Extending chords

Often, music that is based on scales and triads can sound harmonically simple. One way to make your sound more complex is to extend your chords.

An easy way to do this is to keep stacking thirds and fifths on top of the existing chords. For example, if you have a C-major chord the notes would be C, E, and G. To extend this, add B, then D, then F – all above the main triad. To keep it as clean as possible, don’t let any notes be less than a minor third apart – add the additional notes in the octave above.

Another example – you’re working in F#-minor. Your triad is F#, A, C#. You could extend it by adding E, then G#, then B.

As easy way to think about it is to just keep alternating between major thirds and minor thirds. In the C-major example, C to E is a major third, E to G is a minor third, then G to B is a major third, then B to D is a minor third, etc, etc.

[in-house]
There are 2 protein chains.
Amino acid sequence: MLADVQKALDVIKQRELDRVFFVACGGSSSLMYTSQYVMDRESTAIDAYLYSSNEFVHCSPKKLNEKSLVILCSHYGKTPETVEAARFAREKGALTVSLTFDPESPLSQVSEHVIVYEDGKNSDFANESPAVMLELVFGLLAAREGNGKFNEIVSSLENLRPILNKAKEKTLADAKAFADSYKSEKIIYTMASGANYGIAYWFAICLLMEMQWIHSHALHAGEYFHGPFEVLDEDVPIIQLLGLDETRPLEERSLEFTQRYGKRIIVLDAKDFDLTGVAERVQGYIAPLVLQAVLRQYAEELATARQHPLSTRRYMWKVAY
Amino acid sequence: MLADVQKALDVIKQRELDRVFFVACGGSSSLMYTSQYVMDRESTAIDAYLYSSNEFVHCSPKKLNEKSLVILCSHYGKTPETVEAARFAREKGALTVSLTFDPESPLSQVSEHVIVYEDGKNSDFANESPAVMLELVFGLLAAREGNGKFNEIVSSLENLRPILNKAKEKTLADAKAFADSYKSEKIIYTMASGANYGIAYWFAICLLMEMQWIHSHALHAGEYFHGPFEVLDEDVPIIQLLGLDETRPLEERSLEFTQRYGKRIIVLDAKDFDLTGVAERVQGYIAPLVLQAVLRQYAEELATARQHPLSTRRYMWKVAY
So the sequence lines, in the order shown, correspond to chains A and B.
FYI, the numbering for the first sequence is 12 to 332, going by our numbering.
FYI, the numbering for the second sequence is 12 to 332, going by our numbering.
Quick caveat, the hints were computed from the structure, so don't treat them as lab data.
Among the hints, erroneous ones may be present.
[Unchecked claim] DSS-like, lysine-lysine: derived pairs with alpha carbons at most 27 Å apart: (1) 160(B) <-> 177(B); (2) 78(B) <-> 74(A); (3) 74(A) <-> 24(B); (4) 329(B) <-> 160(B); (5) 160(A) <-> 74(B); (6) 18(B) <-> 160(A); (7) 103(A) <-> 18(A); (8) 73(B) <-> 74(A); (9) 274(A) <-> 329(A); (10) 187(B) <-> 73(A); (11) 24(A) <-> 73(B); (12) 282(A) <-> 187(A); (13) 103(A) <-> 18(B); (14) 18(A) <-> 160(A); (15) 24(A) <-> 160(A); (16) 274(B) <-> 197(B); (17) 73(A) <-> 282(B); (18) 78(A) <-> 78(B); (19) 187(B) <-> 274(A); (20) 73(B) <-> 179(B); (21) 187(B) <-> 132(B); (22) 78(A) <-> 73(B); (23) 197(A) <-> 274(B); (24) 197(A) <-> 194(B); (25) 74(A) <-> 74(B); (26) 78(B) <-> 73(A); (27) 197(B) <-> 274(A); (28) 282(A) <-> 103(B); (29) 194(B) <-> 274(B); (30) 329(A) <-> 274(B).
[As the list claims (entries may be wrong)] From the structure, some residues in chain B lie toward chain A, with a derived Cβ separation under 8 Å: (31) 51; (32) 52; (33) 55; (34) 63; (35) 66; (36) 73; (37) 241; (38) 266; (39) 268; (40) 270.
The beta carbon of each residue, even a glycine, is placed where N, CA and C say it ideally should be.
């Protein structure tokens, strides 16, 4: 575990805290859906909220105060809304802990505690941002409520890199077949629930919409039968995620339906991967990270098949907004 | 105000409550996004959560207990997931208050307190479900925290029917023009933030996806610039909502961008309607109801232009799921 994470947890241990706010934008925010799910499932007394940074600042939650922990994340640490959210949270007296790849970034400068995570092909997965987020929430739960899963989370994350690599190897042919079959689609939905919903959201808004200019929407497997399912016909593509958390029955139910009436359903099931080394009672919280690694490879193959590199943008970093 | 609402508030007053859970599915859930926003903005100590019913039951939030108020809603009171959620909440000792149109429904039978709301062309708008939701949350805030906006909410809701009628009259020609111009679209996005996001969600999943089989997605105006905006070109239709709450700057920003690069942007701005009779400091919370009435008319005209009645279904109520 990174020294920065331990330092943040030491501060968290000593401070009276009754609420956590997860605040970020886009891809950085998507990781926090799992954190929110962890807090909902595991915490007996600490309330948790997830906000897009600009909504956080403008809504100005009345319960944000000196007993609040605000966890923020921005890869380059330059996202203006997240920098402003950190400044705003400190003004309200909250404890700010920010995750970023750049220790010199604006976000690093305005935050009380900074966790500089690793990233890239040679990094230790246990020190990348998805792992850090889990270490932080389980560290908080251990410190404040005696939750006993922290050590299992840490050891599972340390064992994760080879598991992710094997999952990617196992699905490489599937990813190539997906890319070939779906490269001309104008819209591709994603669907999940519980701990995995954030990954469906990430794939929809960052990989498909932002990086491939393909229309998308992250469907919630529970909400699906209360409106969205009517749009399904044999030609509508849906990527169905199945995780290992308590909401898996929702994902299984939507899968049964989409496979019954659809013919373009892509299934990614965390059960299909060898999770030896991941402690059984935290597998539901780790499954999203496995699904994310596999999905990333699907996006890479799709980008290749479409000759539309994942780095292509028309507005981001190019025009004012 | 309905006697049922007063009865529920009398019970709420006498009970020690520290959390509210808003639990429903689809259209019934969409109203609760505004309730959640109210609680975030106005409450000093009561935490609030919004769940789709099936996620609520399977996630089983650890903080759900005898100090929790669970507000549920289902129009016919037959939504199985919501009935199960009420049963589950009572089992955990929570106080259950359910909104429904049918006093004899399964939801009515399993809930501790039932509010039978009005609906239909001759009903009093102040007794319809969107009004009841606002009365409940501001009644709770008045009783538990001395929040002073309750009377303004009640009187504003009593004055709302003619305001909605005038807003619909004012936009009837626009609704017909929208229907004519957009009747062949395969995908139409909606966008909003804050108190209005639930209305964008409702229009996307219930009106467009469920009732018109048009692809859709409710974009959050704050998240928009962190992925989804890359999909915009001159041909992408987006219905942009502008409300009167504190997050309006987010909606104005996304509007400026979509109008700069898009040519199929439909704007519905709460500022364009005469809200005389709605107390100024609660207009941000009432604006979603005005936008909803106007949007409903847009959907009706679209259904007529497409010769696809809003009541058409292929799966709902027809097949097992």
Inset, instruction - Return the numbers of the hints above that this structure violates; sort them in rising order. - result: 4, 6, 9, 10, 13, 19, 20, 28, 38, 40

At first it may sound a little strange, but you’ll get used to it.

This method is useful (I use it myself) because you still retain your tonal centre (your bassline still makes sense), and the additional complexity is added gradually – meaning you can control how complex you want your chord to be. If you just want a bit of added complexity, just add the next note above. If you want more, add another note. Or another. Or another.

You could extend this idea by having a different instrument play the extentions. For example, you could have your favourite thick pad playing your triad, then have the extentions played by a thin airy pad in the background. This gives you more ways to balance the simple with the complex. Some synth pad presets in workstation keyboards do a similar thing automatically – each note has the main sound on the note and a lighter note a fifth above.


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